Flower-heads — Hard Lesson in Gravity

Small Town to Big City Experiences

Monochrome image of a train at a station, with a mother and son on a platform bench.
Image by Shelly Paul

I grew up in small communities, where everything was within walking distance, where most faces were familiar even if they were unacquainted. Moving from one such small town to the neighboring Chennai city was a new, unexpected experience.

To go from an idyllic life to the noise, the traffic, the crowd and the sheer size of the city took a little getting used to. One curious scene that held my attention were the public buses during the morning rush hour.

These vehicles were so stuffed with people, that the door-less entryways at both ends bulged with passengers who hung from the steps known as footboards. The effect made these buses look like incredibly pregnant organisms as they creaked and groaned, precariously lop-sided, as they wound their way through the city, lurching from one bus-stop to another. When such a bus slowed to a stop, the people hanging on to the footboard — who were mostly men — spilled onto to the street and jogged a few paces before they came to a complete stop. That sight held such fascination for me.


At that time I was taking the local metro train to work, which sometimes came in the same fashion. That morning however, the train was not crowded, but I was running late. As the train approached the station, I got up from the seat and moved to the door-less entrance of the compartment and waited impatiently for the train to come to a stop. The wait felt interminable as the train slowed down next to the platform. In my haste, without thinking clearly, possibly propelled by the image of the men spilling out of the buses, I jumped out of the still moving train. Instead of slowing down with a slight jog like the spilling-men, I came to an abrupt stop.

The next thing I know, there were flower-heads hovering over me. They had gathered around me, with their heads towering over me in a circle, with sunlight streaming through. There were all kinds of flowers, some of them wore their long hair in a single braid and were wearing sarees, others had short hairs, some of them had beards and mustaches and were wearing shirts and pants.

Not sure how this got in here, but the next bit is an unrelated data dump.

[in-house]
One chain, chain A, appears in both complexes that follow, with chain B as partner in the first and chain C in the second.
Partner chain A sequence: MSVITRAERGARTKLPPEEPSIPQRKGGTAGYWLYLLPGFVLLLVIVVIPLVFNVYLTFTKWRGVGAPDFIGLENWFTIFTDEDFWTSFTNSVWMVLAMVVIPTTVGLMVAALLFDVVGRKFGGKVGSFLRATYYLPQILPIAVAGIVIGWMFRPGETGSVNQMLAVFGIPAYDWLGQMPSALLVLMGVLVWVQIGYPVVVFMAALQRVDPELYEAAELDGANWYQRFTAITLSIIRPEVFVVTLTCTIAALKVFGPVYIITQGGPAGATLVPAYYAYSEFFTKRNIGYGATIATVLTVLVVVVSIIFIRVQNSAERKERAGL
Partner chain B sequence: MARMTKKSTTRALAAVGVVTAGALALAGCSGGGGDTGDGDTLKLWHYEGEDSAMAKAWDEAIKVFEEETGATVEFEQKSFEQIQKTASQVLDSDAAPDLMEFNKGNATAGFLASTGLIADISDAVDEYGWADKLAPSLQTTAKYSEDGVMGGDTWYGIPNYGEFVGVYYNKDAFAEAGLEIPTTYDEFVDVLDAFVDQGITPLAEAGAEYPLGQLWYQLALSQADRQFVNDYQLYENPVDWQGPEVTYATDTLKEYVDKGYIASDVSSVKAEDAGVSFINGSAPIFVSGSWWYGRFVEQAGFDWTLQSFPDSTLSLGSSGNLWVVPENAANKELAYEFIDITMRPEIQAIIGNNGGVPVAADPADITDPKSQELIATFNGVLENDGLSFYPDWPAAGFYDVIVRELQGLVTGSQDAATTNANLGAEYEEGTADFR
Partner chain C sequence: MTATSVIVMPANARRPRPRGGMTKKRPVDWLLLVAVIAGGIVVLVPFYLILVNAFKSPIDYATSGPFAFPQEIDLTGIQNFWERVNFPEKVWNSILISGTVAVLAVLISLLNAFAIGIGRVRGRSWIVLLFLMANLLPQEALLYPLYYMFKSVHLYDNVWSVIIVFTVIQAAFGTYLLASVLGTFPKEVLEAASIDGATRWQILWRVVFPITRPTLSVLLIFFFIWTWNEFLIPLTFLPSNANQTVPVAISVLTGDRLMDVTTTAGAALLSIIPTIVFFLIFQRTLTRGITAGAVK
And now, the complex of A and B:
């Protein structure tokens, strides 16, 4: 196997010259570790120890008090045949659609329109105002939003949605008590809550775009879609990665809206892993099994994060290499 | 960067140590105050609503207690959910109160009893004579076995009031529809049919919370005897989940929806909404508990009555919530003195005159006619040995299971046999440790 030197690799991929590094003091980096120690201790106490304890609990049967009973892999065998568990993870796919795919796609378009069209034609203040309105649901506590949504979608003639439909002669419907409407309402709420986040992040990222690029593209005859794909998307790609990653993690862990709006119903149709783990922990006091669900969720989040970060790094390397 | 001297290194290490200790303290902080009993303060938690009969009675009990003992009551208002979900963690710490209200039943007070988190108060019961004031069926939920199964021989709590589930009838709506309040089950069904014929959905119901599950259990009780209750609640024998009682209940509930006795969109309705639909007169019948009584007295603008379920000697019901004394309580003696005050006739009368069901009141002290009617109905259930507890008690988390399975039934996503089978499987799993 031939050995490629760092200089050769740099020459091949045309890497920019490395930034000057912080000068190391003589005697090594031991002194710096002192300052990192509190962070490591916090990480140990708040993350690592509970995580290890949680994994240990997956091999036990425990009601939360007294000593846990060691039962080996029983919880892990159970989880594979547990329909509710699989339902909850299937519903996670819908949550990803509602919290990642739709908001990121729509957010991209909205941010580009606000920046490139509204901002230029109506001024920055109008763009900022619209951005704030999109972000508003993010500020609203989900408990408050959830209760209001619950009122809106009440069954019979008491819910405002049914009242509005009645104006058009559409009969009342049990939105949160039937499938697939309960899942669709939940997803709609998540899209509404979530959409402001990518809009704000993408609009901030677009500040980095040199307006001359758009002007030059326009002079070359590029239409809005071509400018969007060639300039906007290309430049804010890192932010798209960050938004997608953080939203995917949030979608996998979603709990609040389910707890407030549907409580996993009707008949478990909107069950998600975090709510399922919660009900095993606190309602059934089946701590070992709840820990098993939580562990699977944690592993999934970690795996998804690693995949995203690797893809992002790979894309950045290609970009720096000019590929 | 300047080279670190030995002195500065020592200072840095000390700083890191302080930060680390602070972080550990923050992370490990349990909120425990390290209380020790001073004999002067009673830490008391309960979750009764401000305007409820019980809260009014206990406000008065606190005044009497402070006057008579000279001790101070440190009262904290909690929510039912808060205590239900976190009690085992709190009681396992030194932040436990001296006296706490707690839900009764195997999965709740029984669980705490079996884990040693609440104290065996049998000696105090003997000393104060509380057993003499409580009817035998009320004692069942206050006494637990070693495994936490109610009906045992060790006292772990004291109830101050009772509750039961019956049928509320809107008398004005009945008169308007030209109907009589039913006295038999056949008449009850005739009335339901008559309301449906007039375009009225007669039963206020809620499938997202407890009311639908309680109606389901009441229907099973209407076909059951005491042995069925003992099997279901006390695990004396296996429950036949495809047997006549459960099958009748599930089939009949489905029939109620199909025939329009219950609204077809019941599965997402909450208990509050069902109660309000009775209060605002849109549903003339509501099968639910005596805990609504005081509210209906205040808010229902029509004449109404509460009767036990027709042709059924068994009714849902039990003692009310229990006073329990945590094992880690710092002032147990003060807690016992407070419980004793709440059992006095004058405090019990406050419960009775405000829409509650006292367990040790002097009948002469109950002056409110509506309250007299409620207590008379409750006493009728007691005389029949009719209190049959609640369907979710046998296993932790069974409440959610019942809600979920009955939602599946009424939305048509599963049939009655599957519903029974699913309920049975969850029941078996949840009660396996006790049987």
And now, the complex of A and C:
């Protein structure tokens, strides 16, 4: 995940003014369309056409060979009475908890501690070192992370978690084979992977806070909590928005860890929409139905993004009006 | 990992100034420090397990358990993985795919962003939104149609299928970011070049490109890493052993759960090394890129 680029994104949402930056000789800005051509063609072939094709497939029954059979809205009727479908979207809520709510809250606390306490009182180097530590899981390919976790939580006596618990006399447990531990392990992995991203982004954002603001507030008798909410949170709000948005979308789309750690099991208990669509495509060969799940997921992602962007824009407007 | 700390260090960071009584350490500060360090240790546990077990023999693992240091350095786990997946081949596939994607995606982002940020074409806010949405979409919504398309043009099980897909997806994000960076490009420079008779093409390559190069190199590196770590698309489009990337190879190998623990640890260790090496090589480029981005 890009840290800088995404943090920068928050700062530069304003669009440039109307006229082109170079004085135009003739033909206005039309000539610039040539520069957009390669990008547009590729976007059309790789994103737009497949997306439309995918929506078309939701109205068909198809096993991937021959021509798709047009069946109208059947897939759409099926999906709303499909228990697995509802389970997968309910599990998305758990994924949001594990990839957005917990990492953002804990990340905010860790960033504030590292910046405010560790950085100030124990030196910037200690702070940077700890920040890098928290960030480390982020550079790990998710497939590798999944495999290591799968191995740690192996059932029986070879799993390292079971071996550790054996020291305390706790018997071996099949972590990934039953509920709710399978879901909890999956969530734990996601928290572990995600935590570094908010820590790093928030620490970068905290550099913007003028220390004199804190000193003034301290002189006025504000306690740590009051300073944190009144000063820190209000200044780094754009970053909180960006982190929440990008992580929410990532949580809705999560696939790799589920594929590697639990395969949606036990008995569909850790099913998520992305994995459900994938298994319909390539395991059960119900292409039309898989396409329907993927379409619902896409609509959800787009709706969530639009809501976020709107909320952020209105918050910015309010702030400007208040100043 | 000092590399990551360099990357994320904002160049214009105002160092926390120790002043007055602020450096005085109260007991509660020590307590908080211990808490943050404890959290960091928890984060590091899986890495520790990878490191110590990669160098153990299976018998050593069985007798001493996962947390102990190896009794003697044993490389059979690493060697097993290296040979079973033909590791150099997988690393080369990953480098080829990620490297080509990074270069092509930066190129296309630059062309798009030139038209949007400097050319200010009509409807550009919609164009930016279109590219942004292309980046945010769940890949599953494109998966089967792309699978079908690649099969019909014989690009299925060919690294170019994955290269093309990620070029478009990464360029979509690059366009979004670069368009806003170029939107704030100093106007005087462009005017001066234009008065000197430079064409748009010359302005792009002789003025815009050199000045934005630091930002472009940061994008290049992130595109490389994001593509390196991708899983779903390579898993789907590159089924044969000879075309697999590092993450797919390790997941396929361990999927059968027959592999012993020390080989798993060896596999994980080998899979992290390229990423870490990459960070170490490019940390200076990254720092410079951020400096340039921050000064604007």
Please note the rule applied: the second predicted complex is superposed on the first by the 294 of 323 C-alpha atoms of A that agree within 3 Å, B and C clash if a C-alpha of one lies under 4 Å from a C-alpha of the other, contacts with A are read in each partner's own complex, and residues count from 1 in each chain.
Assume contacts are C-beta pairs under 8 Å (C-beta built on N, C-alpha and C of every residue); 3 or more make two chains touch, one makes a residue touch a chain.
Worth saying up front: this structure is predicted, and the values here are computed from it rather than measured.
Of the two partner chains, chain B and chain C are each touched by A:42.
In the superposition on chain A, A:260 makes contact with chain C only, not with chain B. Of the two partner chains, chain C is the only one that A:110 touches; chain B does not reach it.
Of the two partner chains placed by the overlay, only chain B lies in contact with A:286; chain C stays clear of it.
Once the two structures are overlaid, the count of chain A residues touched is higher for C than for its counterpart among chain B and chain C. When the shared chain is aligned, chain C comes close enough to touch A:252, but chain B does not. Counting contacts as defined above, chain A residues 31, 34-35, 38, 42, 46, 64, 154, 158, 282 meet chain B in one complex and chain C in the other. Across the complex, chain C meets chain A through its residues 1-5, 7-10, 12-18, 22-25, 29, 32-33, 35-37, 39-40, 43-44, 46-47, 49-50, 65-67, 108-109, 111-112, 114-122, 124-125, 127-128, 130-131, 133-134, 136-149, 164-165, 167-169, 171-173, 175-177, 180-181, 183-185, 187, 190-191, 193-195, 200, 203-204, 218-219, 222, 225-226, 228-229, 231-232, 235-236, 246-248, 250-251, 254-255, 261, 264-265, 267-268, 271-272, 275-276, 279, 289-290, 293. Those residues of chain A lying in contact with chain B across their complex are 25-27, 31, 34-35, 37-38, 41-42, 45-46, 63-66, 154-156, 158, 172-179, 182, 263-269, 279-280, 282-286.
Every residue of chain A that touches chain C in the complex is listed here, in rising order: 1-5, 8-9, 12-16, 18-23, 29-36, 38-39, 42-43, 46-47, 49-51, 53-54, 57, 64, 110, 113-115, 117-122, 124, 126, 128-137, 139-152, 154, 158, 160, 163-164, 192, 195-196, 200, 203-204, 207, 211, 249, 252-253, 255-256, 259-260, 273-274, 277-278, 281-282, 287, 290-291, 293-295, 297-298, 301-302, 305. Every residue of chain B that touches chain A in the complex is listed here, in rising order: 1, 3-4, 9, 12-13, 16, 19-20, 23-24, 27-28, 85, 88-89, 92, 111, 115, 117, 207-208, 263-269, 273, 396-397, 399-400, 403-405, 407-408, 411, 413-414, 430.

They were looking down anxiously. All the flower-heads had mouths and those mouths were moving. They were trying to say something. What were they saying? The voices were coming in clearly now and I was able to hear them. They were asking if I was alright and if I needed any help. Help? Why would I need help? What happened to me? Where was I? Why was I horizontal instead of vertical?

Realization dawned on me. In jumping out of the moving train and coming to an abrupt stop I had broken one of the sacred laws of physics, and right then and there, as punishment, gravity felled me, landing me flat on my back on the hard, concrete platform. I must have had a mild concussion or something, because I seemed to have blacked out, which was probably when the crowd gathered around me.

When I came to, there I lay on the hard concrete floor of the train station, looking up at flower-head people who were looking down at me with anxious faces, asking me if I needed any help. ‘Help?!’, My wounded pride reacted in my mind, ‘Help me? Me? Who was full of life, filled with youthful vigor of a twenty-year old. I don’t need any help, especially from those who were old enough to be my parents.’

As embarrassment unhinged it jaws and began to swallow me, I shot up straight, like an arrow from the floor scattering the flower-heads. I responded to their concerns brusquely, by saying I was fine. I dusted off my clothes carelessly, trying to pretend that the powers of gravity had no effect on me, without even bothering to glance at my elbows and knees that were scraped raw. Still, I couldn’t shake off the staring eyes.

So I started, with slow measured strides, head held high, face stoic, stubbornly refusing to wince from the angry red bump that was growing on my forehead. A few paces later I darted out of the station as fast as my full-of-youthful-vigor-legs would carry me, trying to soothe my wounded pride which hurt more than my body.

© Lekha Murali 2019